By Elizabeth Jacobsen ’16
The first time I visited Chapin Library was for my Astronomy 102 class. All the notable books in the history of astronomy, from Euclid to Newton, were arranged on a square of tables. We admired the fascinating geometry of the sketches, recognizing some from our textbook. The books were a leathery tan, opened to illustrations of Galileo patiently listening to Copernicus and Ptolemy argue, a giant bull adorned with stars leaping across the sky, or Kepler’s attempts to chart the heavens on the musical staff. In the center of the room was a large book, its pages a couple of feet across. It detailed the elegant but inaccurate Earth-centered system, tracing the paths of the planets in pink and blue corkscrews around Earth. At last a lean man with a soft voice and owlish glasses said, “I’m Wayne Hammond, curator here at the Chapin Library.” And in a few more soft words, he began to spin the tale of astronomy’s history, slowly orbiting the room and leaving a trail of facts floating in his wake.
Continue reading Chapin Rare Books Library Unites Science and History
An alum from the class of 2010 emailed us about a month ago and told us he ran a Williams science publication (coincidentally also called the ScientEphic!) when he was a student here. We took a look at some of their old publications and enjoyed their section called “Ask A Science Major.” So The ScientEphic is beginning a series based on that section. We asked students from four departments – chemistry, physics, biology, and astronomy – to explain the concept of energy. We’ll publish their responses over the next four days.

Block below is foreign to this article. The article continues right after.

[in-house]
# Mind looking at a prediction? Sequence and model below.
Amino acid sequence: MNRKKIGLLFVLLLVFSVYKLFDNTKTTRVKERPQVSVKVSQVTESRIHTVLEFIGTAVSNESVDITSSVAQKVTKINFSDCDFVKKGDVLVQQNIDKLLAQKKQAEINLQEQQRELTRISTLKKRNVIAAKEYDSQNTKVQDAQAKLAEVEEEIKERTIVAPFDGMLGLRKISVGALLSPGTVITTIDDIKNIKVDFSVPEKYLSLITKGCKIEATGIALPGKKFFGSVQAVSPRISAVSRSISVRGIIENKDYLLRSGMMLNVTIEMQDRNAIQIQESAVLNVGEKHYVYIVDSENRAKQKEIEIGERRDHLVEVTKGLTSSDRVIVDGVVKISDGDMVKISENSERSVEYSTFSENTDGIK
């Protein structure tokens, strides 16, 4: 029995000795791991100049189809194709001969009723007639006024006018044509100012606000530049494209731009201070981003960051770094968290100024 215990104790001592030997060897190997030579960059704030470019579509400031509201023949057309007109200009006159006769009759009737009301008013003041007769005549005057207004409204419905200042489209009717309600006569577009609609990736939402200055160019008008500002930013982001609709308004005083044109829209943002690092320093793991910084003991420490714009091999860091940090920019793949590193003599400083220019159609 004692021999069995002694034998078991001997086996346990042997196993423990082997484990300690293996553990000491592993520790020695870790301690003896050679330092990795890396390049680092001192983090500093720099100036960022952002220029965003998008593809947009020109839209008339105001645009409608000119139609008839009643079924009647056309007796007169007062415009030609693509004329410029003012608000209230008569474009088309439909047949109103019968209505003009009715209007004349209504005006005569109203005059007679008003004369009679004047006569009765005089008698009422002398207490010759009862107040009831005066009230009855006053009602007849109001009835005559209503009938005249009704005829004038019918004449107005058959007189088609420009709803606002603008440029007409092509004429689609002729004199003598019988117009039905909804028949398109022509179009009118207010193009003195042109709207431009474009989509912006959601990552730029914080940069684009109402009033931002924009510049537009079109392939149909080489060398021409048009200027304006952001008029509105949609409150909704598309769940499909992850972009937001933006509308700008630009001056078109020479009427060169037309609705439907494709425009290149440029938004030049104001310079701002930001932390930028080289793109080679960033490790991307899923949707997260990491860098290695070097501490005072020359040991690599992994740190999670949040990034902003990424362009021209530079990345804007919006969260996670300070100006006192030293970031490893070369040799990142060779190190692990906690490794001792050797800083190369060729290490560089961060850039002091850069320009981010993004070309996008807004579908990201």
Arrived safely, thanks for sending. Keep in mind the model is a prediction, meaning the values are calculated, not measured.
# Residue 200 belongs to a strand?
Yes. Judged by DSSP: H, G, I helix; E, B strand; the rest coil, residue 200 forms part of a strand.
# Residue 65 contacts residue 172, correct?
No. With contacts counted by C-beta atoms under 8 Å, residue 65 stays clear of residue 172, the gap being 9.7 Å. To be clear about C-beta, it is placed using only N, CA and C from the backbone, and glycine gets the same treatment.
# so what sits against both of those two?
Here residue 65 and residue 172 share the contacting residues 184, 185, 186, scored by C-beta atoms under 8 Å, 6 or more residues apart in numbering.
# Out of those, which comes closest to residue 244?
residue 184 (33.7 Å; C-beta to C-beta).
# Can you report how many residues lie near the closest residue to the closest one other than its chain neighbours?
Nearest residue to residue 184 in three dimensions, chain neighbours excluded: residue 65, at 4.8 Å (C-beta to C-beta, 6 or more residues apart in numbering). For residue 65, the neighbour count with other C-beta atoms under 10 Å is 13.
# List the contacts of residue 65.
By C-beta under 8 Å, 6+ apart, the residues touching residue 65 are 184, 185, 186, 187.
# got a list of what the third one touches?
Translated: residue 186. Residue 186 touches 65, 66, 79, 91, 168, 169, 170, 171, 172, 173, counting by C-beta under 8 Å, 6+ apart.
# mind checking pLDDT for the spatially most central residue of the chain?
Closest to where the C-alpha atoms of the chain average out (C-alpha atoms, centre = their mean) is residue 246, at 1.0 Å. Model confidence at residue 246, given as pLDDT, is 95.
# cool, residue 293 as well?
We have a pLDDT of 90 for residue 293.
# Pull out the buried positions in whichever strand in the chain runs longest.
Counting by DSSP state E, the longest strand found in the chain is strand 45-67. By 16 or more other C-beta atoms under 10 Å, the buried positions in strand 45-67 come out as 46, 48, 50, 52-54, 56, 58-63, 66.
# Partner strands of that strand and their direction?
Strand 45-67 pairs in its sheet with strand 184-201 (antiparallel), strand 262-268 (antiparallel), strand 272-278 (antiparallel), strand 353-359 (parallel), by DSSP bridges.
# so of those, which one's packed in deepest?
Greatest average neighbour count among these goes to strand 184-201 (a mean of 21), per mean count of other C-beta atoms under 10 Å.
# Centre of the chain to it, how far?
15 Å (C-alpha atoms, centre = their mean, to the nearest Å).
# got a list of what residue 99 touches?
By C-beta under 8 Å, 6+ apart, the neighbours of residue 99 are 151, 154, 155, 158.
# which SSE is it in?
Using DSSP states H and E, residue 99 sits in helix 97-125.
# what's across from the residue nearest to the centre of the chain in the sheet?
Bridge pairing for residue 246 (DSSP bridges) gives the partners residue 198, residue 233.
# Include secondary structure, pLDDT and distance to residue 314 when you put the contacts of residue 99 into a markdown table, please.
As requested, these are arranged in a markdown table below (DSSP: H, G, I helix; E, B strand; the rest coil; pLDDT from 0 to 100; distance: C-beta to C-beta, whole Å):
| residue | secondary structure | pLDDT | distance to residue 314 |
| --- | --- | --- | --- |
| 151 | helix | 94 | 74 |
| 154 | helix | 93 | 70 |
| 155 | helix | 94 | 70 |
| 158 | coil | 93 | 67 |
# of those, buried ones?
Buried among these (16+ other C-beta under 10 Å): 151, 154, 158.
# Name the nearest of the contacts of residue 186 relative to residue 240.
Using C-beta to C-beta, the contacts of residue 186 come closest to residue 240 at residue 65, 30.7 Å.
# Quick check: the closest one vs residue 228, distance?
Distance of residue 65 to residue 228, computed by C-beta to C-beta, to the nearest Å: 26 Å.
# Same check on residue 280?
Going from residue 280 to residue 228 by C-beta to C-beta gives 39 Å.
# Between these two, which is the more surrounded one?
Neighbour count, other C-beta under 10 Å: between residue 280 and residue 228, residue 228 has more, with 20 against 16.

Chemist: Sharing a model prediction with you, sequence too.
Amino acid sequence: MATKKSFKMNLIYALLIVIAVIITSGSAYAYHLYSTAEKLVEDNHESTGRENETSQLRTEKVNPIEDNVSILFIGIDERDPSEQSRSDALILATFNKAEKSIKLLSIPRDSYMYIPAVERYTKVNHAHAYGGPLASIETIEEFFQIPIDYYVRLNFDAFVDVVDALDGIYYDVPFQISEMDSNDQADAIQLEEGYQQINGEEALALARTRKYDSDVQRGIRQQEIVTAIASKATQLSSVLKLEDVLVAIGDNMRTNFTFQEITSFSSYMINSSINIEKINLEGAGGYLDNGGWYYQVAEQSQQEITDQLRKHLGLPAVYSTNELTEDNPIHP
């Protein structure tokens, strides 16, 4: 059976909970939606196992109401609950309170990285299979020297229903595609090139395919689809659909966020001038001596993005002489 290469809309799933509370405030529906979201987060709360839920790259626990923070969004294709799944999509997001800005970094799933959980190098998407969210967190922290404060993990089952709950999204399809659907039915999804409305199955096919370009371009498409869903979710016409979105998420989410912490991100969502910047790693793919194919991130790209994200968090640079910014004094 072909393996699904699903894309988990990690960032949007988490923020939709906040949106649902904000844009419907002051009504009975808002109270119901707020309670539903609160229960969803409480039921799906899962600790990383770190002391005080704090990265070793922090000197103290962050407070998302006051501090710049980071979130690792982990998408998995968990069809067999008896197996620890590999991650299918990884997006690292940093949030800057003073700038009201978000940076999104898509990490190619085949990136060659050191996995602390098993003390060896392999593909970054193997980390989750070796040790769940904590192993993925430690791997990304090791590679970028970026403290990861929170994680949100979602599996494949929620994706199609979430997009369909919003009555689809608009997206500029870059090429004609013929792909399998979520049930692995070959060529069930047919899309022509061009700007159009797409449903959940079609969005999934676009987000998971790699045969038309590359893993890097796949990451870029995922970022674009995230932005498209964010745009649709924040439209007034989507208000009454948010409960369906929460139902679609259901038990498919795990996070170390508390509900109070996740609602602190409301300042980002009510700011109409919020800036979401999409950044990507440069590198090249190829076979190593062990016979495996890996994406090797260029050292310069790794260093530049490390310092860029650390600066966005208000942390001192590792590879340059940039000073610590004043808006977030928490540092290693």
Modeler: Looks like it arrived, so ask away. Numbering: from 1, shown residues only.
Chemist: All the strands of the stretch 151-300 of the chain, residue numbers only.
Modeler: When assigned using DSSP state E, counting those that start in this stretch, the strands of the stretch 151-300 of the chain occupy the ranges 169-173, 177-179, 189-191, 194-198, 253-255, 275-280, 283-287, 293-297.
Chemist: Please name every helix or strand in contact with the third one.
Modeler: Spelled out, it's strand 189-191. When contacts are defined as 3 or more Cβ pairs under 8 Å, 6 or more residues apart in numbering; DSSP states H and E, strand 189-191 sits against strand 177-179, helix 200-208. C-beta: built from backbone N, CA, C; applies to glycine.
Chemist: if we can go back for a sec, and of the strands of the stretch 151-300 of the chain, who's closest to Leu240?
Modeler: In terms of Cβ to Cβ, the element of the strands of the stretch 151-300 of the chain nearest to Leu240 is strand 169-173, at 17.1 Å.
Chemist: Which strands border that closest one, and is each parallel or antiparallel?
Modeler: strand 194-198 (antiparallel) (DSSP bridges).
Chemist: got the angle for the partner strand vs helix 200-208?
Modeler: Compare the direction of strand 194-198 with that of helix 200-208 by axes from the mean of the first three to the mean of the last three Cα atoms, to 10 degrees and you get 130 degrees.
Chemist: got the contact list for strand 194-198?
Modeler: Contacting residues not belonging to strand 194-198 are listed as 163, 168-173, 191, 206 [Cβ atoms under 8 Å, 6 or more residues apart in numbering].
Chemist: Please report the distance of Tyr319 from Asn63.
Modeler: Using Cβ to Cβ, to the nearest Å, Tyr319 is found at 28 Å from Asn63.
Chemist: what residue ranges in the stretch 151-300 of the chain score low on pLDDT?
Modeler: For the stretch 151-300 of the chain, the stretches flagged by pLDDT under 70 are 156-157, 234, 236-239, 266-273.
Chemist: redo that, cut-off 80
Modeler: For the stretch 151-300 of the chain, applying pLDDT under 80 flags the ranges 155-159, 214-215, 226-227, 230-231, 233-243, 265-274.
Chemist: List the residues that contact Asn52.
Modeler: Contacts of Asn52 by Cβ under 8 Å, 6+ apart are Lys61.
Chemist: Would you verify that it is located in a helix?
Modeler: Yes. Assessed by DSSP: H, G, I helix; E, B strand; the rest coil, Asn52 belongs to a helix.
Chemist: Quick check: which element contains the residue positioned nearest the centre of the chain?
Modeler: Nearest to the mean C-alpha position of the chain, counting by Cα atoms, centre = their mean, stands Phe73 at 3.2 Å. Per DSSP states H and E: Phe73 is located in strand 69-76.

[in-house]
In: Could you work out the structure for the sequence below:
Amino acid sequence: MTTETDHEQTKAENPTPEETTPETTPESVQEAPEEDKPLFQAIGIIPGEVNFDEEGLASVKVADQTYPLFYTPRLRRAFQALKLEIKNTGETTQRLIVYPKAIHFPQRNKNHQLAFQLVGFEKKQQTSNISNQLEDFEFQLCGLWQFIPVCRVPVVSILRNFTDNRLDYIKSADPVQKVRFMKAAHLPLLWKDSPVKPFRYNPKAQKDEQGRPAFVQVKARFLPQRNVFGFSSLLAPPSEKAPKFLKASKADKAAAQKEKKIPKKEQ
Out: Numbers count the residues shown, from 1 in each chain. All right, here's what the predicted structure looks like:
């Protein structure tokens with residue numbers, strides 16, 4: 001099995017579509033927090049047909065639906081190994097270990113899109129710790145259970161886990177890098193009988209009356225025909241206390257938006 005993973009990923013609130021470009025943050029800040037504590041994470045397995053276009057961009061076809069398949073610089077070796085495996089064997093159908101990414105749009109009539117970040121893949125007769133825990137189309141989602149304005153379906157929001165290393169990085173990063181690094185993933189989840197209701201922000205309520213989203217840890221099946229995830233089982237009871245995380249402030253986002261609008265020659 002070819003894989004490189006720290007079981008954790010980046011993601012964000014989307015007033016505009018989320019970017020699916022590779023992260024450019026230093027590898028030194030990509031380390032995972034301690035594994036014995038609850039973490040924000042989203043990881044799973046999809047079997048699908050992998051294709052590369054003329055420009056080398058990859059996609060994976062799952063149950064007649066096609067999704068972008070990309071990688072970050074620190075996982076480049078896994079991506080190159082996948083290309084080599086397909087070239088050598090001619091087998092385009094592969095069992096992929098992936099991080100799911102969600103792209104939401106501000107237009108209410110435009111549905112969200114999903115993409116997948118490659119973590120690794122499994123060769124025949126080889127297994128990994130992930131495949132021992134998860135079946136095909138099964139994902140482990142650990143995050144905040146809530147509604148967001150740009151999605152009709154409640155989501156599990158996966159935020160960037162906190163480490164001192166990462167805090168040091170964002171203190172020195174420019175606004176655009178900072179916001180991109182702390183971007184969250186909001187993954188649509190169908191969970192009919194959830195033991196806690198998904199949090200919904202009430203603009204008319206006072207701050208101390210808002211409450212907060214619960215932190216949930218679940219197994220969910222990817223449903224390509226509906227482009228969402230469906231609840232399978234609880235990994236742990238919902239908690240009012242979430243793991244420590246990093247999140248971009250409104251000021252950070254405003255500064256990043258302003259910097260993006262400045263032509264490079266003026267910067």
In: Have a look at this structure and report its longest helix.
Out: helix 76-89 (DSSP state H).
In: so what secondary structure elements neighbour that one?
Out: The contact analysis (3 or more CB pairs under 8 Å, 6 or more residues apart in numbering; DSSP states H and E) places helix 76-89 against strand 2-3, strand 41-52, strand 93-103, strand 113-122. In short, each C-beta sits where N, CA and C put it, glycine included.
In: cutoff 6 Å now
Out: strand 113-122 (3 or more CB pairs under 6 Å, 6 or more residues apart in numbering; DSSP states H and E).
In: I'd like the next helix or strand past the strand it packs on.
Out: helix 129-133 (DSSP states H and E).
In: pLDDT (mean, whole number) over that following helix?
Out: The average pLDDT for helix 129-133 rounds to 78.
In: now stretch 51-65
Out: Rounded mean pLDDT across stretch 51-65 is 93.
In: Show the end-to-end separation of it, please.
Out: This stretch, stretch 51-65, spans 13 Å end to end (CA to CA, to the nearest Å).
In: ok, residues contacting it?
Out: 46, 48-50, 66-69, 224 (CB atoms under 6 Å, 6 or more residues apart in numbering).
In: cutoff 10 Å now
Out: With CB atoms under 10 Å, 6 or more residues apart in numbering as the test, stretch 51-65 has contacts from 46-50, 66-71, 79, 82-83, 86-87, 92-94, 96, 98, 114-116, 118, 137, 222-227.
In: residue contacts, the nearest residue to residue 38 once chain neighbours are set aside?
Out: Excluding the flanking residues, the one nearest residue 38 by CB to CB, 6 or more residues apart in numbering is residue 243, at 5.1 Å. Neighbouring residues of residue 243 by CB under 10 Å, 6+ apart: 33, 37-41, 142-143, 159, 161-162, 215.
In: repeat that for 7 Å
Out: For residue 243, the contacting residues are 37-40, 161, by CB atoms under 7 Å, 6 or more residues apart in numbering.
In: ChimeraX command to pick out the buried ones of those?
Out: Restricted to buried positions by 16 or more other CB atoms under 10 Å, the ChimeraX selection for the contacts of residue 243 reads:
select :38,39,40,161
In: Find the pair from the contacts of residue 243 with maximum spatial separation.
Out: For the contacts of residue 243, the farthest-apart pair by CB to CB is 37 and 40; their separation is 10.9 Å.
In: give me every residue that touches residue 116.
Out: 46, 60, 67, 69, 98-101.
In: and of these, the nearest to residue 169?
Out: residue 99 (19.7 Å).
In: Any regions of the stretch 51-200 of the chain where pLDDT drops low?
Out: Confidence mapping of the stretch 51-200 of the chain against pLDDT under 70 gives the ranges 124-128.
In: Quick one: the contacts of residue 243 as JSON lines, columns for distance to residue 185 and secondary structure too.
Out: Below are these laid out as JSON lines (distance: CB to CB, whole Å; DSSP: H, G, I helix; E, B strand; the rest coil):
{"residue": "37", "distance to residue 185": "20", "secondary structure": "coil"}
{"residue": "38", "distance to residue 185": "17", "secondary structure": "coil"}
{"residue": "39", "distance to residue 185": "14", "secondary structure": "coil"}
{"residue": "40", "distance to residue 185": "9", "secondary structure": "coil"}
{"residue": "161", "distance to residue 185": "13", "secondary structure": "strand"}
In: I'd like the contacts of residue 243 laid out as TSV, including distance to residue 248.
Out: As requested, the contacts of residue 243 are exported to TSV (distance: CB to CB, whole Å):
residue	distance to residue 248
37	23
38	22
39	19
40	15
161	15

Continue reading Ask a Chemistry Student: What is Energy?
By Meagan Goldman ’16
On an early August day this summer, Marissa Shieh and Allie Rowe, two Williams chemistry students, found themselves wading waist-deep through the Hoosic River, scooping trout into a bin. Behind them, a metal boat pushed by scientists from the Massachusetts State Department of Fisheries and Wildlife sent electrical shocks through the water, stunning the fish and facilitating the chase in a process called electrofishing. Continue reading Trout Fishing in the Hoosic River: Students Investigate Local River Pollution
By Meagan Goldman ’16 and Jacob Kim ’16
Last week, The ScientEphic sat down to chat with Professor Lovett from the Chemistry Department. An active figure in the Williams science scene, Lovett runs the Summer Science Program. He’s famous for knowing every student’s name on the first day of class and for playing his guitar after quizzes. Read on to learn about his past, his research, his participation in a science professor barbershop quartet, and his plans for the future.
Continue reading Art, Music, and Bacterial DNA Repair Systems: Q&A with Chemistry Professor Lovett